D.C. Boonzaier was one of the most brilliant cartoonists South Africa has had and would have felt quite at home in the Third Reich. His cartoons were inspired by a fierce hatred of the greed of the mining magnates. He often depicted the bewildered urban poor whites as scorned and exploited by unscrupulous capitalists, portrayed by a repulsive’ Hoggenheimer’ figure. Boonzaier and other cartoonists denied ‘Hoggnheimer’ was Jewish but you don’t have to be a rocket scientist to get the message.
But in November 1921, in face of the growing economic crisis, the Chamber of Mines gave notice of its intention to abandon the status quo agreement by eliminating a colour bar in any semi-skilled work. As soon as the Chamber of Mines gave notice that it would be abandoning the agreement and would be replacing 2,000 semi-skilled white men with cheap black labour, the white miners reacted.
Their jobs and pay packets were threatened by the removal of the colour bar. Sporadic strikes were launched at the end of 1921 but these did not become widespread until the end of that year.
A report about the Rand Revolt on South African History Online says that because of the large number of mines and men living in and around Fordsburg, Johannesburg, trade unions had become active in this area.
This set the scene for the revolt in Fordsburg.
At this time some trade union members were attracted by the spirit of socialism and others became communists, who referred to themselves as ‘Reds.’
The leader of the Communist Party, W.H. (‘Comrade Bill’) Andrews, urged a general strike.
In the meantime, a group of revolutionaries organised commandos under the leadership of people who called themselves the ‘Federation of Labour.’
Men who saw themselves as red hot communists now shared a similar goal with men who went on to lay the paving stones that led to the victory of Dr Malan and his National Party in 1948 and the arrival of ‘official’ apartheid.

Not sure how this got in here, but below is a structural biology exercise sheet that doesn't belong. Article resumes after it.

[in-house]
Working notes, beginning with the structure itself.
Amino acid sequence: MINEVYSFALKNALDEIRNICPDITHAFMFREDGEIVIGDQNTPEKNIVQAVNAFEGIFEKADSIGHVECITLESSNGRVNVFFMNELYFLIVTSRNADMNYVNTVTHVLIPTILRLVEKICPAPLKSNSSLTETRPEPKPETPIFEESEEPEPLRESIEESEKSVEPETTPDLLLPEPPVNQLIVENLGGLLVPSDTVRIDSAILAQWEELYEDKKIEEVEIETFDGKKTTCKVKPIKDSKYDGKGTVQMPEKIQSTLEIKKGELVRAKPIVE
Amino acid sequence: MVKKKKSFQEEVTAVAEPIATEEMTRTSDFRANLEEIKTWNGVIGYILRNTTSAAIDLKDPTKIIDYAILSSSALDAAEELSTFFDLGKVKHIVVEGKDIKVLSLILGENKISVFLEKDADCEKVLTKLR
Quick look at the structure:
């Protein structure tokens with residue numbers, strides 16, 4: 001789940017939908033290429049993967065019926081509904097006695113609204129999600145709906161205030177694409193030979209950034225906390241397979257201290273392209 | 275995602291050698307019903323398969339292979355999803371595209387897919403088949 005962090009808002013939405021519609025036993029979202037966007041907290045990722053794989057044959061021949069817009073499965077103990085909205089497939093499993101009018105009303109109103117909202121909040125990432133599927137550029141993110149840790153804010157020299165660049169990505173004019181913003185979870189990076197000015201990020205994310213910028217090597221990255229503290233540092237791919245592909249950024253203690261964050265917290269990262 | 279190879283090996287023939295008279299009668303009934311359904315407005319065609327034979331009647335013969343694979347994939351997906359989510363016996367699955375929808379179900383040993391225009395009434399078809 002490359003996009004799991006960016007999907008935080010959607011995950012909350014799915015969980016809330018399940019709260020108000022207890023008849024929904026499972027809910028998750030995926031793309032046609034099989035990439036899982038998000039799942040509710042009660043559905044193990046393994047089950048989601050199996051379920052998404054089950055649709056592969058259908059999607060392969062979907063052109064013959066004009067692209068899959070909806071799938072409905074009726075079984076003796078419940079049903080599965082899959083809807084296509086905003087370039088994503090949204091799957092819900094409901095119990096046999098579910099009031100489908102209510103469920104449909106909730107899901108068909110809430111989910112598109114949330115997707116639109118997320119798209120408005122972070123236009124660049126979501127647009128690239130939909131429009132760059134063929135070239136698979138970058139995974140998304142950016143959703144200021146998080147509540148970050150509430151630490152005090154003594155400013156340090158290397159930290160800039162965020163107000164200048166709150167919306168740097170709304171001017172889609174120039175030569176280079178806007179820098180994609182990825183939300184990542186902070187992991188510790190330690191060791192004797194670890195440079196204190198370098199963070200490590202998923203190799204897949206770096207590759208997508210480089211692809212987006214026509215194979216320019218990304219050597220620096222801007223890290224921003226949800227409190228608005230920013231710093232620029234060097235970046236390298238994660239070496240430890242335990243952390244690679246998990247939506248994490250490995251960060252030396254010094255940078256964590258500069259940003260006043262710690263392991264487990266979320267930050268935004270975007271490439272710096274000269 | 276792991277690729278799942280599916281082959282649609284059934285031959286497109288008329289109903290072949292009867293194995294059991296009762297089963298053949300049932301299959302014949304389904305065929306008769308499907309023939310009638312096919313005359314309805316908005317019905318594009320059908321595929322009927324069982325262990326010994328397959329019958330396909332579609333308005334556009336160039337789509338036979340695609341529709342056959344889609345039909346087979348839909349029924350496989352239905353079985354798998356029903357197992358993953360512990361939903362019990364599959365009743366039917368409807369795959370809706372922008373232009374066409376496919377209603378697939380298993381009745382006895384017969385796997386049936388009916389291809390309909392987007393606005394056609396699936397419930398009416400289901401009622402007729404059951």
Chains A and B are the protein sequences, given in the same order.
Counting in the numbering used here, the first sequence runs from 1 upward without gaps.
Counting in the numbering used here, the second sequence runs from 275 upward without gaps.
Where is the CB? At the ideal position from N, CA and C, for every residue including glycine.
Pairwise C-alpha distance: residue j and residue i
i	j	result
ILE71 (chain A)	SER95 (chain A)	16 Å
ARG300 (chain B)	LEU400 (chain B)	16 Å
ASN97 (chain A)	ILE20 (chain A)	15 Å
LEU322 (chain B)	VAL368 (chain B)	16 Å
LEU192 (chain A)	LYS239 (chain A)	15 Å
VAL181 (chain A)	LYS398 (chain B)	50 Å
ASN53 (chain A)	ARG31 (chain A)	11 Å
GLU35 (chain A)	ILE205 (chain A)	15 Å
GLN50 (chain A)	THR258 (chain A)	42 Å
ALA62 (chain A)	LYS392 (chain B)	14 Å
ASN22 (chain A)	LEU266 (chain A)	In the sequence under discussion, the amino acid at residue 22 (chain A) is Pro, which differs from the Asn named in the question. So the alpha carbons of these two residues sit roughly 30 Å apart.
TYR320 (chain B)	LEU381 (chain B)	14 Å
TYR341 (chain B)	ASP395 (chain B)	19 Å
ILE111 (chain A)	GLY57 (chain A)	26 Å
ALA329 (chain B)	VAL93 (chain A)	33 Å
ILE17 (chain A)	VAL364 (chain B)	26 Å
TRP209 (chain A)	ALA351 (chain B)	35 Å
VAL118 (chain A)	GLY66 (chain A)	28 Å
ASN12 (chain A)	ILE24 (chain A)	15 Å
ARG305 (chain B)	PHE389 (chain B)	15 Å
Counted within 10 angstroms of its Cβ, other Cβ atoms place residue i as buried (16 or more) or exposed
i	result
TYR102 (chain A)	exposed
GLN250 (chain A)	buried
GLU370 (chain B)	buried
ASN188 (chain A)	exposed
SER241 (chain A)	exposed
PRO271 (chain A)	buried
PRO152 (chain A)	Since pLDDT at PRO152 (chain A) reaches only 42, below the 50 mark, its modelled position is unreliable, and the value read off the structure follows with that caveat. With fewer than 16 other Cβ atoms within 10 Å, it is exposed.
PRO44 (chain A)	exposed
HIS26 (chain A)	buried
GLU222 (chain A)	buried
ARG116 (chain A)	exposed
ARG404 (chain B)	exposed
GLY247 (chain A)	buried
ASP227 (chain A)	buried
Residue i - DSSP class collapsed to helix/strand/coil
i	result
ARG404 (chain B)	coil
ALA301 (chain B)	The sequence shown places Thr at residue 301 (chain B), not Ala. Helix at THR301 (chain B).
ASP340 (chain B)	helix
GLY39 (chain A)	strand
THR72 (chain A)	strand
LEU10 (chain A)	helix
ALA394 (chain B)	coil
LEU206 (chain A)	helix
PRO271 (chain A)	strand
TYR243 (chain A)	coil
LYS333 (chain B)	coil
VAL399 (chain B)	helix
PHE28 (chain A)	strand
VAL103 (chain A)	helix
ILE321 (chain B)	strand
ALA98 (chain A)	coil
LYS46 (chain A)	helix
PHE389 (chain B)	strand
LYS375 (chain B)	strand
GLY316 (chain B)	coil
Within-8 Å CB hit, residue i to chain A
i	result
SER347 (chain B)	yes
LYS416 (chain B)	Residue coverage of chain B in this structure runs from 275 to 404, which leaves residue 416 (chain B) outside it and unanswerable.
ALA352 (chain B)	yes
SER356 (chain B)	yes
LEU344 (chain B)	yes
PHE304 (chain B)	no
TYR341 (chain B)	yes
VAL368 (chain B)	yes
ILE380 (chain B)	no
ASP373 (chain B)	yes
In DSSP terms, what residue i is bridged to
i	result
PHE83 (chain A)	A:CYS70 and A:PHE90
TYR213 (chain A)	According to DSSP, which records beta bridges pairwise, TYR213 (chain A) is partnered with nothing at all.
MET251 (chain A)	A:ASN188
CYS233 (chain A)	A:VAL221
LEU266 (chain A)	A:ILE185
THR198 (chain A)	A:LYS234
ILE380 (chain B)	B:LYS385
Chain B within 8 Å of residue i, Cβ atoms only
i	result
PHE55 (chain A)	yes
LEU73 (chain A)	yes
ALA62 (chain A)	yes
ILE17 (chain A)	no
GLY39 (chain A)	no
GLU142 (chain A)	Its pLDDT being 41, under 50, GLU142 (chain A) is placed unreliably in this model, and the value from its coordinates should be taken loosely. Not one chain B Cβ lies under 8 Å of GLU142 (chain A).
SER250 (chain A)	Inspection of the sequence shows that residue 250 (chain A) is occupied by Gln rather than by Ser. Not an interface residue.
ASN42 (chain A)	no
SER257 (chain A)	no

The New Year (1922) saw a strike on the collieries of the Transvaal. Strikes soon spread to the gold mines of the Reef. By January 10, stoppage of work in mining and allied trades was complete.
In February 1922, the protracted negotiations with the South African Industrial Federation broke down when men under the Action Group umbrella set up barricades.
The Star newspaper described how mob violence spread alarmingly with bands of white men shooting and bludgeoning unoffending Africans and men of mixed race (coloureds) as through they were on a rat hunt.
A general strike was proclaimed on Monday March 6, 1922. Two days later, the strike turned into open revolution which was a communist/Afrikaner miners’ bid to capture Johannesburg.
On March 8, led by semi-skilled Afrikaner miners, white workers attempted to take over the Johannesburg post office and the power station but they met with strong resistance from the police (also mainly Afrikaners).
On March 10, a series of explosions signalled the advance of ‘Red commandos’ and an orgy of violence started.
The SA On Line report says: ‘To quell this the Union Defence Force was called out, as well as the aircraft of the fledgling SAAF and the artillery. By this time, Brakpan was already in the hands of the rebels and pitched battles were raging between the strikers and the police for the control of Benoni and Springs.
Aeroplanes strafed rebels and bombed the Workers’ Hall at Benoni. Rebels besieged the Brakpan and Benoni police garrisons. At Brixton, 1,500 rebels surrounded 183 policemen and besieged them for 48 hours. From the air, pilots observed the plight of the beleaguered Brixton policemen. Swooping over them, they dropped supplies, and then returned to bomb the rebels. Martial law was proclaimed and burgher commandos were called up from the surrounding districts and Prime Minister General Jan Smuts was blamed for letting the situation get so out of hand. In February he had sided with the mine owners and went on to lose the 1924 general election, partly because of that.